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The Luddites


Luddites was the name given to artisans who took to smashing up machinery which was being introduced in the late 1700s and early 1800s to speed up production of woollen and cotton garments. The new machines were seen to be taking away work and therefore wages, from workers in both industries. The name is thought to come from a young man, Ned Ludd, who smashed up a stocking making frame in 1779. The name evolved into legendary General Ludd or King Ludd, a figure who, like Robin Hood, was reputed to live in Sherwood Forest.


Opposition to new machinery spread quickly from the Midlands to Yorkshire, Lancashire and Cheshire. The key characters in West Yorkshire Luddism were tradesmen known as croppers, who needed great skill and strength to manipulate enormous shears with which they smoothed the surface of woollen cloth produced in the weavers’ cottages which dotted the hills and villages.


The increasing violence in West Yorkshire in the early 1800s led to attacks on mills and the homes of mil owners. This violence came to a peak on 28th April 1812 when William Horsfall, a mill owner, was shot dead on Crossland Moor as he rode back from Huddersfield to Marsden.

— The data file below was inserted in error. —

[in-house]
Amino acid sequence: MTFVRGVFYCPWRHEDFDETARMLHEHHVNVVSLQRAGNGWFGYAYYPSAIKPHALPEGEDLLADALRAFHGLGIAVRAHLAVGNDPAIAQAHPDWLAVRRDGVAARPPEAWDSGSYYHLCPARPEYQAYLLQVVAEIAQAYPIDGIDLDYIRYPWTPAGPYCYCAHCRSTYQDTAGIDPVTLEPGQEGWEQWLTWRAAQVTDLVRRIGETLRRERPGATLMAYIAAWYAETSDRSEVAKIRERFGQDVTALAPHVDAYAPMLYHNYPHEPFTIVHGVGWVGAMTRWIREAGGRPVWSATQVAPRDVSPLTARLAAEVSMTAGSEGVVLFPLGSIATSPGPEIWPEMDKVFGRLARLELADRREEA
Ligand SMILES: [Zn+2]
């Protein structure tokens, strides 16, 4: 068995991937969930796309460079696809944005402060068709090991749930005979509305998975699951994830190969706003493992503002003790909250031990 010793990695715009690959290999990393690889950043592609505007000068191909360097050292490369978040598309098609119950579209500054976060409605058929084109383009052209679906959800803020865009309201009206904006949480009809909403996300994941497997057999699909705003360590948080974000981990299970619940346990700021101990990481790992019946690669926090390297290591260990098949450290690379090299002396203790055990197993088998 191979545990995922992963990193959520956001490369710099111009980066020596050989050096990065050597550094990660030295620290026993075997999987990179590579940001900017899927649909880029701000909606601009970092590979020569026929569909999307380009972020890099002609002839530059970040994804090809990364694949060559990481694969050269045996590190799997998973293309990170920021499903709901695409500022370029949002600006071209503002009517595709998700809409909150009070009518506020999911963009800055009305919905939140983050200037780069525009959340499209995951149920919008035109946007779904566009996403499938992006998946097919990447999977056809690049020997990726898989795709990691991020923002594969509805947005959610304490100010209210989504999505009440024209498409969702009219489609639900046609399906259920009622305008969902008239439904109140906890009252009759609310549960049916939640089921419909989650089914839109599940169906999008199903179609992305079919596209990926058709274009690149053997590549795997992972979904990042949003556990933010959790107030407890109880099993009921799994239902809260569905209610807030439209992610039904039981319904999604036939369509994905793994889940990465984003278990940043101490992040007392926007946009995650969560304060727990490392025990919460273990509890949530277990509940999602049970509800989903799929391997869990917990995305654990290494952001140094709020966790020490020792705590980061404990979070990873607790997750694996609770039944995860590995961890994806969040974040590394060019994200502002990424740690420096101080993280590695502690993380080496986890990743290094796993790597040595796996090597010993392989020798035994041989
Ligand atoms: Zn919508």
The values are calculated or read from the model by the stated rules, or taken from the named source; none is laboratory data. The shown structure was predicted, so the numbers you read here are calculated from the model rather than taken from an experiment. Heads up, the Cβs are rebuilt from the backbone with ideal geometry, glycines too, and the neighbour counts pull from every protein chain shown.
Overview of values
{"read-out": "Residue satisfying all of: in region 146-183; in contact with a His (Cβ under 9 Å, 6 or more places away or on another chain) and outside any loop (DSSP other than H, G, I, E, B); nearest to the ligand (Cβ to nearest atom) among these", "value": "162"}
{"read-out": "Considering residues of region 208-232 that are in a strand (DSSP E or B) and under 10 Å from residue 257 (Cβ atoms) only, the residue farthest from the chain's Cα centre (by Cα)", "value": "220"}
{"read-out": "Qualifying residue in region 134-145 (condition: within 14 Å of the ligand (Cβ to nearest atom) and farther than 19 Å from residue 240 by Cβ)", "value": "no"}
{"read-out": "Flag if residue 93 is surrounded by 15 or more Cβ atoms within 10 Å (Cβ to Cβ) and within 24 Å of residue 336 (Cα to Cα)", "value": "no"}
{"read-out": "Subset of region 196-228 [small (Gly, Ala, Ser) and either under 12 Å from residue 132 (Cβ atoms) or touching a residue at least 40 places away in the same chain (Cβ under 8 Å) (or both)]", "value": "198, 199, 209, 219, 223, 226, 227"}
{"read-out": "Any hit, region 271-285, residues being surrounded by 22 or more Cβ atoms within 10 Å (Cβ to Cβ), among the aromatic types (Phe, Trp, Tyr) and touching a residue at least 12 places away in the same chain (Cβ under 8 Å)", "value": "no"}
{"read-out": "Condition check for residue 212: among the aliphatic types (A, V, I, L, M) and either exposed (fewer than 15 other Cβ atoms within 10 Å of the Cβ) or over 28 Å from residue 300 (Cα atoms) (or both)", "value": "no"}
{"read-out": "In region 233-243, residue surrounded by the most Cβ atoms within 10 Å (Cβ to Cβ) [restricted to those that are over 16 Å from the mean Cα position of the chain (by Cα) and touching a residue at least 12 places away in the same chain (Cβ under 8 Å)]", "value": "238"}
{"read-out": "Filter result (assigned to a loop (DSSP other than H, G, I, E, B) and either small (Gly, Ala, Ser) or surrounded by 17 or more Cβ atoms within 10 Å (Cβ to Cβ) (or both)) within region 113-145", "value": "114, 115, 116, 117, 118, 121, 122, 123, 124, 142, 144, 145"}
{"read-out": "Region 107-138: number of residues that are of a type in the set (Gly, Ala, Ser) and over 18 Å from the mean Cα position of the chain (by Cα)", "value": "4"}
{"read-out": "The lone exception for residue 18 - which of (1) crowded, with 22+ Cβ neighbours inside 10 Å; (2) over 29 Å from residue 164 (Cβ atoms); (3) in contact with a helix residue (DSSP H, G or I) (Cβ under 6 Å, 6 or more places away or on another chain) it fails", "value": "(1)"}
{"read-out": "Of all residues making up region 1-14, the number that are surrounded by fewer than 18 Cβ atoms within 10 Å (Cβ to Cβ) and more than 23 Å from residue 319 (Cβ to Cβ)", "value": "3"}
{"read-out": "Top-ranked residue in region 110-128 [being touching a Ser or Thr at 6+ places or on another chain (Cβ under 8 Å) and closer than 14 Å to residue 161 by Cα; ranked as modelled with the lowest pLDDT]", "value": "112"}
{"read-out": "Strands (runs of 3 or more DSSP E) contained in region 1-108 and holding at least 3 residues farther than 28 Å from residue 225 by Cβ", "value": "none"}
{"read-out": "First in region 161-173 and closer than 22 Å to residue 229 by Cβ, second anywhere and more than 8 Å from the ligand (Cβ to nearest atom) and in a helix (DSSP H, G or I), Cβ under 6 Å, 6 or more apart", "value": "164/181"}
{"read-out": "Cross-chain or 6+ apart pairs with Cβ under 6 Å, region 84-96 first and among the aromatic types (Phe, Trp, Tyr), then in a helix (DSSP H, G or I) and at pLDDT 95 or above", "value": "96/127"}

Eventually, a man named Benjamin Walker came forward and confessed to taking part in the murder, along with William Thorpe, Thomas Smith and George Mellor, a charismatic cropper dubbed ‘the General Ludd of Yorkshire’.


By turning King’s evidence, Walker saved his own skin, but the other three were tried and hung in York in January 1813. Eight days later 14 other men were hanged after being rounded up for their part in the murder and attack on Rawfolds Mill. The subject fascinated both Charlotte Brontë, who wrote about the Luddites in Shirley, and the Halifax-born author Phyllis Bentley, who used the story in her 1932 novel, Inheritance.


When a man took the Luddite oath the process was known as ‘twisting in’. The fearsome language of the oath stated that the penalty for giving away Luddite secrets was to be “sent out of the world by the first brother who shall meet me, and my name and character blotted out of existence and never be remembered but with contempt and abhorrence”.


A Yorkshire legend has it that croppers were such a wild bunch that when they all end up in Hell the Devil was desperate to get rid of them. So he opened the gates again and shouted “ALE! ALE!” The croppers rushed out and the Devil bolted the gates of Hell after them.


Remember throughout all the violence of the Luddite era not one Birstall Luddite was ever arrested. The local reputation for discretion and silence would seem to work!